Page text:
Elaine Romero has never had a problem putting words to paper. She’s been making those transfers since she was small child.
“I’ve always written,” she says. “In high school, it was mostly poetry and short stories,” she says. “But her awakening as a playwright happened during her freshman year in college.
“The semester before I took a theater course, I had taken a fiction course. I met with one of my professors and told him, ‘I don’t know what’s wrong with me. I can only think in dialogue.’ He told me to write a play. I wrote my first one at 18.”
She’s never stopped.
Over the course of a 20-plus-year career, most of them as playwright-in-residence at Arizona Theatre Company (ATC), her work, her name and her reputation have reverberated across the international theater community.
That impact will become even clearer during March, when her body of work drives a monthlong celebration dubbed “RomeroFest,” the brainchild of Arizona Theatre Company Artistic Director Sean Daniels.
“In the American theater, we foolishly only do celebrations of a body of work when a playwright dies or moves away. Let’s not wait for either with Elaine,” Daniels says.
“Elaine Romero is an internationally produced and recognized playwright who chose to make Tucson her home. It’s time for us to start celebrating the artists who are here, and how better to do that but by experiencing her work. She is an important voice of our generation — and just a ton of fun. So, who doesn’t want more Elaine around?”
And that she will be when 16 theater companies in the United States and Mexico present her plays in digital readings, performances and even a film.
“RomeroFest,” presented by ATC and Tucson-based Winding Road Theater Ensemble and The Scoundrel & Scamp Theatre, will launch at 7 p.m. Monday, March 1, live event hosted by ATC featuring a town hall-type panel discussion about Romero’s work and its impact.
The launch event and each of the plays presented for free by ATC can be viewed at arizonatheatre.org and on YouTube, Facebook and Vimeo. Viewers can watch presentations by other theaters, including Childsplay in Tempe, by visiting arizonatheatre.org/romerofest.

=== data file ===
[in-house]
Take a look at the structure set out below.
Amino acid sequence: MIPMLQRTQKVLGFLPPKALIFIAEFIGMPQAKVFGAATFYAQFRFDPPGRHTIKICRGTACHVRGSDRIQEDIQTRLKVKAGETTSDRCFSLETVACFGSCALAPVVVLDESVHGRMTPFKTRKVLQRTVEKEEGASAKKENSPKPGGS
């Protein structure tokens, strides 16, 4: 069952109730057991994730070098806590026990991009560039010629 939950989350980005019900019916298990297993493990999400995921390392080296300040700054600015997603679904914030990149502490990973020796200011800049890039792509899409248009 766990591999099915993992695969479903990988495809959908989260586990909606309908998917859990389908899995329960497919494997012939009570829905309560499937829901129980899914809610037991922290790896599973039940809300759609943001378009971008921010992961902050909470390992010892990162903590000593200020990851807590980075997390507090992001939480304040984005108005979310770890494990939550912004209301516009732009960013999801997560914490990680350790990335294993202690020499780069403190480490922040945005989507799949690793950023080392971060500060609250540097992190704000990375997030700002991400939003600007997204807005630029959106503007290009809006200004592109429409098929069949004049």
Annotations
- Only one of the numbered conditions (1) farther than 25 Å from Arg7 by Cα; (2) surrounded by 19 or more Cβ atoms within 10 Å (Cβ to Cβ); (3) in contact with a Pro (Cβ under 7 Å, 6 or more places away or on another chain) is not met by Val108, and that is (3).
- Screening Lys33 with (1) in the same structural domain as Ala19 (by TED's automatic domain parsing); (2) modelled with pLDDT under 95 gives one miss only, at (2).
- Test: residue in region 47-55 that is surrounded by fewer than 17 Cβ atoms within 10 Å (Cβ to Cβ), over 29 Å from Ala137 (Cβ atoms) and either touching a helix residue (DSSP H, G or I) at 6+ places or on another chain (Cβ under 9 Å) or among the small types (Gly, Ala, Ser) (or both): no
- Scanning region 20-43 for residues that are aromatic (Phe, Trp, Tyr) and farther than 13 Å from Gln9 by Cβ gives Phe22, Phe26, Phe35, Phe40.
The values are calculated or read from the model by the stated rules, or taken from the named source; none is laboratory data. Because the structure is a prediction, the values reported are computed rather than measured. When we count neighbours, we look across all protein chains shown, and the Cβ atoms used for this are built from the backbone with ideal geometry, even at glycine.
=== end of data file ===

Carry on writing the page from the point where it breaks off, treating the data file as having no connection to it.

When Sean Daniels first uttered the word “RomeroFest,” I thought he was joking. I think we all chuckled for a second,” Romero says.
“I never dreamed anyone in the American theater would give such precise attention to my work, especially launched from here in Arizona, where sometimes I have felt particularly anonymous.”
That may change with presentations by theater companies in Phoenix, Tucson, Mexico City, Colorado Springs, New York City, Portland, Raleigh, North Carolina, and South Bend, Indiana.
“I had often dreamed of seeing my plays next to each other — to better understand how they are in conversation with one another, but also to better understand each one individually more,” Romero says.
“A playwright is not in a position to say, ‘Hey, I’ve written all these plays. It’s really my life’s work. Pay attention to me.’ A playwright can only keep doing the work and pray that people see the quality of what they have created — that folks have the curiosity to see their plays as part of a larger body of work — that theatres see their commitment to refining the work — that others will be excited about the voice of the writer and the voice of their plays.”
Her connection to and deep love for the theater became clear through her mentors and the discovery of “what it means to write a play and how a play lives and breathes in those three dimensions,” she explains. “I’ve always been attracted to that three-dimensional world where writing could live in a bigger way.”
Daniels will direct two of the plays: “Halsted,” presented by ATC on March 10, and “Wetback,” presented by Winding Road Theater Ensemble on March 15.
Among Romero’s most important works are those included in her war pentalogy.
“When I was 5 years old, my uncle was killed in the Vietnam War,” she says of her motivation. “I have written the war plays to understand what happened to my cousins, my extended family, my country, our world, and to him.”
Her play “Barrio Hollywood” was the first in publisher Samuel French’s 175-year history to be published in English and Spanish acting editions.
In addition to the plays being presented during “RomeroFest,” each Friday episode of ATC’s livestreaming podcast “Hang & Focus” will feature guests associated with the productions.